“That was good,” he says finally, and gets up to wash his hands off instead of licking his fingers. He considers then discards the idea of asking again when Erik would like to move his things. “Want me to fetch that whisky up? You can hold onto it until he’s feeling better.”

“All right.” Erik pushes back his own chair with a scrape of the wooden legs against the floor and reaches to pick up Charles’ dishes, stacking them on top of his own, though he still hovers on his own side of the kitchen -- and doesn’t move to the sink to wash them until after Charles has stepped away, toward the door.

“I’ll be right back,” Charles says, attempting what he hopes is a reassuring smile. This time he uses the front door like a regular person, leaving it on the latch so he can get back in when he gets upstairs without having to depend on Erik letting him back inside.

The whisky is right where he left it, under the bed on the far side between the frame and the wall -- no one’s ever searched his apartment for contraband, but never say never -- and he pours just a little into a cup, then reconsiders and pours an extra couple of fingers before putting the cap back on the bottle and the bottle back where it came from.

When he gets back upstairs Erik’s over by the bed, having picked up the baby again and tucked him against his shoulder; David’s making soft sobbing noises against Erik’s shirt, and even from across the room Charles can tell Erik’s bone-weary, the effort of navigating around Charles being in his room nearly as difficult as caring for his child.

“I thought a little of this might help warm you up, too,” Charles says, offering the cup to Erik.

Erik takes the cup carefully, turning his hand so that his fingers don’t brush against Charles’. He sets the cup on the table and dips a finger in, then pries David’s mouth open enough to rub it on his gums -- the teeth won’t break for months yet, but some babies, like David, clearly feel the pain early. “Itst. Beser?”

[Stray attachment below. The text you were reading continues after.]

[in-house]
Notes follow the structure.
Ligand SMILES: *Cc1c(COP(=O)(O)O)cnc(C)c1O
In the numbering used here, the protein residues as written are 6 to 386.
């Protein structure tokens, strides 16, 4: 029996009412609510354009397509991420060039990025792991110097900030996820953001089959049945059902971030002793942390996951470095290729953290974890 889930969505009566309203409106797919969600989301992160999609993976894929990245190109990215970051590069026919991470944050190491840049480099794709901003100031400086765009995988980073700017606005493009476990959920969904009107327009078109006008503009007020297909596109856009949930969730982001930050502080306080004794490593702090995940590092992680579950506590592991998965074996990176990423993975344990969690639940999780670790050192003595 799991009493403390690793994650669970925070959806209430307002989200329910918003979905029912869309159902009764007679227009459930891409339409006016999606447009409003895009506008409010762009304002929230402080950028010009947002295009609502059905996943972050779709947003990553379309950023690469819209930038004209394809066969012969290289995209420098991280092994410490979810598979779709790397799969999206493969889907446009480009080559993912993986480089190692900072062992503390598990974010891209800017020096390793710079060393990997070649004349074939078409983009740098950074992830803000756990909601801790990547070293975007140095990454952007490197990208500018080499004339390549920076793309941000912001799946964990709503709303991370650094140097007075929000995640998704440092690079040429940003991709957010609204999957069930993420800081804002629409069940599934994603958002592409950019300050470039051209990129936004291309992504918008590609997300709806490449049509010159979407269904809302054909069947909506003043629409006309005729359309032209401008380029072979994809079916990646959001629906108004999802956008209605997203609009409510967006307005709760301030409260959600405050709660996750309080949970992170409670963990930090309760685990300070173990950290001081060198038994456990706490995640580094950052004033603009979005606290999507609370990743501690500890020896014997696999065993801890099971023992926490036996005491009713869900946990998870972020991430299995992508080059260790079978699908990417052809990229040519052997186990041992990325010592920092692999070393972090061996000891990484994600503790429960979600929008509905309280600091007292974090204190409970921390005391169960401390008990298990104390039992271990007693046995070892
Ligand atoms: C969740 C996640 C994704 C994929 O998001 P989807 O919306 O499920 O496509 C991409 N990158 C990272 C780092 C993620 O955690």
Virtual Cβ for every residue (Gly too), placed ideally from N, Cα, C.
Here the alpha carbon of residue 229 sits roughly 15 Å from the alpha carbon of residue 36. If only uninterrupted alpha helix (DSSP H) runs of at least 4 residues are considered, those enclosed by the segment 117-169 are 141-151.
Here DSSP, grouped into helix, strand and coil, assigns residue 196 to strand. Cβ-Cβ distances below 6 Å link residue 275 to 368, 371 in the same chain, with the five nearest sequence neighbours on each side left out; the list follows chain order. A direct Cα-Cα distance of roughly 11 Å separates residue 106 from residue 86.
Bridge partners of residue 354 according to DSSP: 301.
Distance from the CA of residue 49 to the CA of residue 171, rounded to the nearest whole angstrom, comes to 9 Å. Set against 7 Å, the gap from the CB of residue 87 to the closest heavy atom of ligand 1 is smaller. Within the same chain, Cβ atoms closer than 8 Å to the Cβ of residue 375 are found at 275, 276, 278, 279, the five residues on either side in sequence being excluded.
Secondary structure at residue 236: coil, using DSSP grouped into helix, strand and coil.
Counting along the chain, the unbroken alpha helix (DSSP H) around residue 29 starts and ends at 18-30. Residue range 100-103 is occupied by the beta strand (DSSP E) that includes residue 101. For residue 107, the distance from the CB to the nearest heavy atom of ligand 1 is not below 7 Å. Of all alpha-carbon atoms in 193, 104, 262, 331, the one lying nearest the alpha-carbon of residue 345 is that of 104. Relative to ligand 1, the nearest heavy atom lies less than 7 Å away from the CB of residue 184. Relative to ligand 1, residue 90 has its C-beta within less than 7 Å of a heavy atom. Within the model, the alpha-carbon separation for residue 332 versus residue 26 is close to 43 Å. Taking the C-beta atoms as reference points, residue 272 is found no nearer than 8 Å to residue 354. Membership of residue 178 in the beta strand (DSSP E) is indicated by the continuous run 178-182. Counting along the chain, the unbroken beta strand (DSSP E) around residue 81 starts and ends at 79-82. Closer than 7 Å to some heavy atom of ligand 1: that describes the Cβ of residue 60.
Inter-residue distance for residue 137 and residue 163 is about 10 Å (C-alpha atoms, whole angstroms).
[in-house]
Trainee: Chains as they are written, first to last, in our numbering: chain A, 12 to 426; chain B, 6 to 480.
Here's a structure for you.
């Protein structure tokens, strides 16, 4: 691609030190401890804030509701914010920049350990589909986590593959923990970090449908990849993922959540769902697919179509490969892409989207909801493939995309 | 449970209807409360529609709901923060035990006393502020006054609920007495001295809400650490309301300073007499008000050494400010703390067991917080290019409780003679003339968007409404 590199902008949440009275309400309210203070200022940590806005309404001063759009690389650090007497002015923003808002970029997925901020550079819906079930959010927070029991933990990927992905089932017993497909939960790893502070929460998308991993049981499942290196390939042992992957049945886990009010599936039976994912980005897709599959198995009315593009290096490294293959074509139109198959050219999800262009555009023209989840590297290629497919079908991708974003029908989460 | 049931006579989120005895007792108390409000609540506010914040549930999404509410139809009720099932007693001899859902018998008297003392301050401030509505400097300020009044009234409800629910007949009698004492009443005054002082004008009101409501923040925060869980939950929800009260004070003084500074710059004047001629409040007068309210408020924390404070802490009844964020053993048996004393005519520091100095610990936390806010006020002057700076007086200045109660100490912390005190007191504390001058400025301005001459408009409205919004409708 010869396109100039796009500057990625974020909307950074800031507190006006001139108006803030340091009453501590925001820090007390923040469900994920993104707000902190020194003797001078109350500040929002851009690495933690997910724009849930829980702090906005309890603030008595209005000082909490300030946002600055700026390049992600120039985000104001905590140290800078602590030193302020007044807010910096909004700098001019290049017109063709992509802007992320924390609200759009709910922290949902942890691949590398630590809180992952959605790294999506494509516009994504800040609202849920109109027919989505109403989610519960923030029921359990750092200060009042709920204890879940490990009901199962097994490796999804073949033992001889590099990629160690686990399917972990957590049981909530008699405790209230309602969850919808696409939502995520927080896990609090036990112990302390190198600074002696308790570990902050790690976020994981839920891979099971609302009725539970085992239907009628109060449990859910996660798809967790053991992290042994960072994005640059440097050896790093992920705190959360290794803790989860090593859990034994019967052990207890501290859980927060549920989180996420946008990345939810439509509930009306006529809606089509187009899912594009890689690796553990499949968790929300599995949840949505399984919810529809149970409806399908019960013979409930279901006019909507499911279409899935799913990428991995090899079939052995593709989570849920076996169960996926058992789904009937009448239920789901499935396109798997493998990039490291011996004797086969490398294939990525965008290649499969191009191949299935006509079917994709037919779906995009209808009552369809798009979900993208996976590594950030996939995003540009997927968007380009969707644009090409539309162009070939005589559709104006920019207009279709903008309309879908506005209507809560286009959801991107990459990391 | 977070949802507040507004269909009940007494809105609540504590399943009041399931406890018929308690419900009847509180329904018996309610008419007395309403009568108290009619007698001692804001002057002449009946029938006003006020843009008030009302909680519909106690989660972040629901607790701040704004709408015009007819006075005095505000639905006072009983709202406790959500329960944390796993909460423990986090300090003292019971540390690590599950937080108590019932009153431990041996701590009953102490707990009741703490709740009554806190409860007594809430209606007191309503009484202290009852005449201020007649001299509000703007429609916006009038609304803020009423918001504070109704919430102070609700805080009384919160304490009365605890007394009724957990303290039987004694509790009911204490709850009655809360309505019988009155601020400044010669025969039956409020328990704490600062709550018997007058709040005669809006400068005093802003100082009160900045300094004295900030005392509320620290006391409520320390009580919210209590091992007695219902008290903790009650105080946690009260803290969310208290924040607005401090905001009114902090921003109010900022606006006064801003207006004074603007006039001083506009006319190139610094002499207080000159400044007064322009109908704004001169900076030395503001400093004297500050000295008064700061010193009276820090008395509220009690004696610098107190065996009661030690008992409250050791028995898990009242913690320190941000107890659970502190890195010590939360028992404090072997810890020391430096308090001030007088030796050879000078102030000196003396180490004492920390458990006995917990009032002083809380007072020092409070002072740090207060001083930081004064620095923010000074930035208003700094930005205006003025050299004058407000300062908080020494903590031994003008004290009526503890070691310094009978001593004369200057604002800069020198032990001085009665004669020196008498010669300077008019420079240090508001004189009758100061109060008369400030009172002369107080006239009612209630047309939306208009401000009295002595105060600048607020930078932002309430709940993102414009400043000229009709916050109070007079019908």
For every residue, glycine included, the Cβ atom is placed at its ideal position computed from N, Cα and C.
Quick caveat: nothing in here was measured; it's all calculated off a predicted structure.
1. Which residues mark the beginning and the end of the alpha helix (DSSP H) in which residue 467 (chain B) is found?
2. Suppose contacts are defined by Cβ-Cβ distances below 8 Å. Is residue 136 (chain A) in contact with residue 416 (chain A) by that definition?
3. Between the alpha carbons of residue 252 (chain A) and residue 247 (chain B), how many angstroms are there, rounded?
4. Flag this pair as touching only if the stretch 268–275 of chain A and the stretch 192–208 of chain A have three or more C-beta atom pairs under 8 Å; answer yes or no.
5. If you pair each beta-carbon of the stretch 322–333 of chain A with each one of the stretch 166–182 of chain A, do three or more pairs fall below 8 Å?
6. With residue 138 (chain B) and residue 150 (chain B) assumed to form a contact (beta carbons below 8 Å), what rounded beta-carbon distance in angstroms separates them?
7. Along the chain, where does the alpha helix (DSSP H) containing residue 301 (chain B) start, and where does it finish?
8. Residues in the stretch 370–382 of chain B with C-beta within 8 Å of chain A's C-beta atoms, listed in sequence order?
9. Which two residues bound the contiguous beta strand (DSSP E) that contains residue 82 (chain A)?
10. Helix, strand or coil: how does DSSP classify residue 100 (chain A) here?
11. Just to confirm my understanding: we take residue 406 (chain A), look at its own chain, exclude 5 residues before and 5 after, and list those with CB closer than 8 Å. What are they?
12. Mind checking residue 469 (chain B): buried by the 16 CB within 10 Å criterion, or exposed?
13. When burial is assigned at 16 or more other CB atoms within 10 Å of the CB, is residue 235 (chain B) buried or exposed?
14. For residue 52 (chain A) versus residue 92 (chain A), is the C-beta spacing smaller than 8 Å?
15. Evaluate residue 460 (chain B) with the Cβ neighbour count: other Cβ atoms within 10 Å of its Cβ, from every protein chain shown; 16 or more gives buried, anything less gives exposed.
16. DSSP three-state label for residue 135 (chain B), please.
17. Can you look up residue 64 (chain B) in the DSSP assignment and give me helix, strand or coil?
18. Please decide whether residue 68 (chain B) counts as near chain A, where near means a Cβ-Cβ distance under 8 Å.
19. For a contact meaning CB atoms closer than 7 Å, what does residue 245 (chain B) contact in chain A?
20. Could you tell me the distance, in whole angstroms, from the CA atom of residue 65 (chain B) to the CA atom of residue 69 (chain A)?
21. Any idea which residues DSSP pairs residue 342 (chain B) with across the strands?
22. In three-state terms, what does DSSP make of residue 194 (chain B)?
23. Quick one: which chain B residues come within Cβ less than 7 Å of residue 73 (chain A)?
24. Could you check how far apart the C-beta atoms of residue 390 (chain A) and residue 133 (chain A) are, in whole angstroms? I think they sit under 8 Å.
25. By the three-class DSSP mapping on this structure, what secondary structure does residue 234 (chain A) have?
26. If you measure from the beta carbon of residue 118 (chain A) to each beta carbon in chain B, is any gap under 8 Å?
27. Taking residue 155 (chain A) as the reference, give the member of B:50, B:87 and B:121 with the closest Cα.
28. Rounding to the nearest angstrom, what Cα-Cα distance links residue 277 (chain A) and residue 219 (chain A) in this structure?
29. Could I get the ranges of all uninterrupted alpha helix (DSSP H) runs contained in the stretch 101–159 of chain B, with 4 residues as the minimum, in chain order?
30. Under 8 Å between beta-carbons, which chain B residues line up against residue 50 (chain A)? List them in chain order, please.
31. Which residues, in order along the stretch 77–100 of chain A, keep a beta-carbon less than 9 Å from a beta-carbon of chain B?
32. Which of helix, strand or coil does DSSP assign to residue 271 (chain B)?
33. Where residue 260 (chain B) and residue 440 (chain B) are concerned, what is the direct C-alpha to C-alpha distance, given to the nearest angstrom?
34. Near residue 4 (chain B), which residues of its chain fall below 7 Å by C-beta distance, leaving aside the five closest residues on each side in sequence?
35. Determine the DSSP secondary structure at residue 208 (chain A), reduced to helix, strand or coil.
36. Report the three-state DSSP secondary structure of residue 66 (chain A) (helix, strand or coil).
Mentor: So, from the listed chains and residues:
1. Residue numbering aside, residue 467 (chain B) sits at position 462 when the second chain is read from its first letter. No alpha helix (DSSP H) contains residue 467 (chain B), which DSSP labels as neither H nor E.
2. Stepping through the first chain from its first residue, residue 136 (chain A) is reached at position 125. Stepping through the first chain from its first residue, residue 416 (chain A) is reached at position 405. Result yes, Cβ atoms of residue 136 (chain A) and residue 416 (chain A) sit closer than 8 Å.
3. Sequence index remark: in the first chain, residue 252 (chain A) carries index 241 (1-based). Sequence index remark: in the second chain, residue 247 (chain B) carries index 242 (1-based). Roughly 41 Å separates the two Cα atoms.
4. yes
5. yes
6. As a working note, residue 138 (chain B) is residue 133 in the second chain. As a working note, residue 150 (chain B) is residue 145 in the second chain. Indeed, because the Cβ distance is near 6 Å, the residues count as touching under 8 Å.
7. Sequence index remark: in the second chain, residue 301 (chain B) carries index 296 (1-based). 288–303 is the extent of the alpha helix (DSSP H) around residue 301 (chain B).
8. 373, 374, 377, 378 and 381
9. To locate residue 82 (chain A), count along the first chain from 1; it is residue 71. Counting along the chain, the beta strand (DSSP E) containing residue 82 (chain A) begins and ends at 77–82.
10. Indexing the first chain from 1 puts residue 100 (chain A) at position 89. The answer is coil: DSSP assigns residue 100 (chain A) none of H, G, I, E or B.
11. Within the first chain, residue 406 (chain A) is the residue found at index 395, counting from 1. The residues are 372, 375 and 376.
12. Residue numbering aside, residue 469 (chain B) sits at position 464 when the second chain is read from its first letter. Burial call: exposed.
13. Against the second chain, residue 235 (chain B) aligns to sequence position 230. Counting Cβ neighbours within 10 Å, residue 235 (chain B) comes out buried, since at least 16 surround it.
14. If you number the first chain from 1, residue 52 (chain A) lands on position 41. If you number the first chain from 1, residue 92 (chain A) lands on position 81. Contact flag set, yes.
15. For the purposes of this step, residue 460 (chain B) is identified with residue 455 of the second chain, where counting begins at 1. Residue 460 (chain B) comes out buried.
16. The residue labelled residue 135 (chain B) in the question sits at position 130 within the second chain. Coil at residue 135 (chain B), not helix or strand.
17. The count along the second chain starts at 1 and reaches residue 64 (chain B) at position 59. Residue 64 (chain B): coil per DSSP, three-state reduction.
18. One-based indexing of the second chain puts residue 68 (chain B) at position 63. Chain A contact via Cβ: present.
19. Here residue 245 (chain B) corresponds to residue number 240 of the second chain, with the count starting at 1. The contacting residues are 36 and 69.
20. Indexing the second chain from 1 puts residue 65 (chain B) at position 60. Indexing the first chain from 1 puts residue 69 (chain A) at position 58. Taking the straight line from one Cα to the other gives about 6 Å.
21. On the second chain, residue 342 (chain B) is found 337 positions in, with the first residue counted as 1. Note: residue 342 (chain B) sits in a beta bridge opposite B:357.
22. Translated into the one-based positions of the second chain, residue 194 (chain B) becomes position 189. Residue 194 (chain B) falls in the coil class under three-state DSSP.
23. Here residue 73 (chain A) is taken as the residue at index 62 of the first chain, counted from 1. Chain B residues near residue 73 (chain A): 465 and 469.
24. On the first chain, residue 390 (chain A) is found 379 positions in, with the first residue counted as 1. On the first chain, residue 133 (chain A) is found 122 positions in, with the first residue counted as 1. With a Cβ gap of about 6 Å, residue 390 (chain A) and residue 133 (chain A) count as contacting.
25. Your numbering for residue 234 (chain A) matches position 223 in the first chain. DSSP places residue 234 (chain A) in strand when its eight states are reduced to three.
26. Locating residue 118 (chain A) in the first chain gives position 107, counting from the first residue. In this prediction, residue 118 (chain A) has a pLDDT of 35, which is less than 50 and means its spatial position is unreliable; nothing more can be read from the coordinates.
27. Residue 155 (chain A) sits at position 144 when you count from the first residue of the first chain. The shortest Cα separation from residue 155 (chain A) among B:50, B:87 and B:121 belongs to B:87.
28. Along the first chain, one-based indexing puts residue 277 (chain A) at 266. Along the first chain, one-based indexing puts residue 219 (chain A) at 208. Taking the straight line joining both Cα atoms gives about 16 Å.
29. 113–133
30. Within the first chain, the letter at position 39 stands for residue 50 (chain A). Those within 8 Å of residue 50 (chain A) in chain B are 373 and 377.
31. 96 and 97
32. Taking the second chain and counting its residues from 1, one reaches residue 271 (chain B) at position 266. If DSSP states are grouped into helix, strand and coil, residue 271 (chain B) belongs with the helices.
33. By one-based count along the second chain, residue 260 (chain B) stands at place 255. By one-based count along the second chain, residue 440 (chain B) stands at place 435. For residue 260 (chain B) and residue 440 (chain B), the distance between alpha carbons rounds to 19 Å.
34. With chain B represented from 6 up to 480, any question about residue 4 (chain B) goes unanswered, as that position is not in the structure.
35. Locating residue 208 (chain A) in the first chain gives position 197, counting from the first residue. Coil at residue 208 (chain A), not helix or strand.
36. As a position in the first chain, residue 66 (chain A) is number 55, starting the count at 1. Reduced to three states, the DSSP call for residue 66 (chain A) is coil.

“I’ll go, then,” Charles says, backing away and giving Erik his space, tipping an imaginary hat. “See you tomorrow?”

Erik nods, and pokes at David’s stomach. “Zogn bey,” he says, and lifts up David’s arm by the wrist; David complies, waving bye at Charles.

“Bye, sweetheart,” Charles says softly, waving back at David, but when Erik isn’t looking it’s Erik Charles is looking at as he says it.


*

Erik might not like what he’s doing, but he’s practical enough to accept that it’s a necessity for now, and so he’s not up for long the next morning before he starts to pack up their meager belongings. He rolls up his shirtsleeves and moves around the familiar old apartment, fetching their things from the shabby dressers and his few treasures from under the floorboard where he’d hidden them, wrapped in one of his mother’s old tichels. After all, he no longer has a job to go to. He may as well use his day efficiently.

He ignores the pangs he feels at leaving this place -- he’s lived here a very long time, but given, too, what else has happened here, he can’t help but feel it’s lost its right to his sentimentality.

Every so often he glances at the bed where David is lying on his back, burbling away to himself; he’s started trying to roll onto his stomach lately, wriggling and squirming, and Erik has a secret fear that he’ll work out how to do it and roll all the way off the bed onto the floor and hurt himself before Erik can stop him. It’s so -- it’s so hard, managing all of this by himself without Mama here to help, to give advice. Some days Erik feels ancient, old long before his time. Other days he feels far younger than his sixteen years, like a child trying to take care of a baby hardly any younger than himself, and those are the days he snaps at Charles the most, warning him away before he can see how much Erik needs help.

Charles. Even thinking his name makes Erik’s heart thump hollowly, the feeling that used to be there when he thought of Charles torn out of him and replaced with this shuddering suspicion, always waiting for Charles to do or say something to prove himself to be just like every other alpha. That all these months he’s just been waiting for the right time to just take what he wants and have done with Erik once and for all.

If he is, of course, he hides it well. No matter, it’s too late to do anything about it now. Erik shakes his head and goes back to piling his clothes together on top of a blanket, his two spare shirts and his spare trousers folded neatly. He’ll pack everything up and be ready for when Charles gets home from work, and then he can make Charles help him lug it downstairs. They may as well get used to the new arrangement.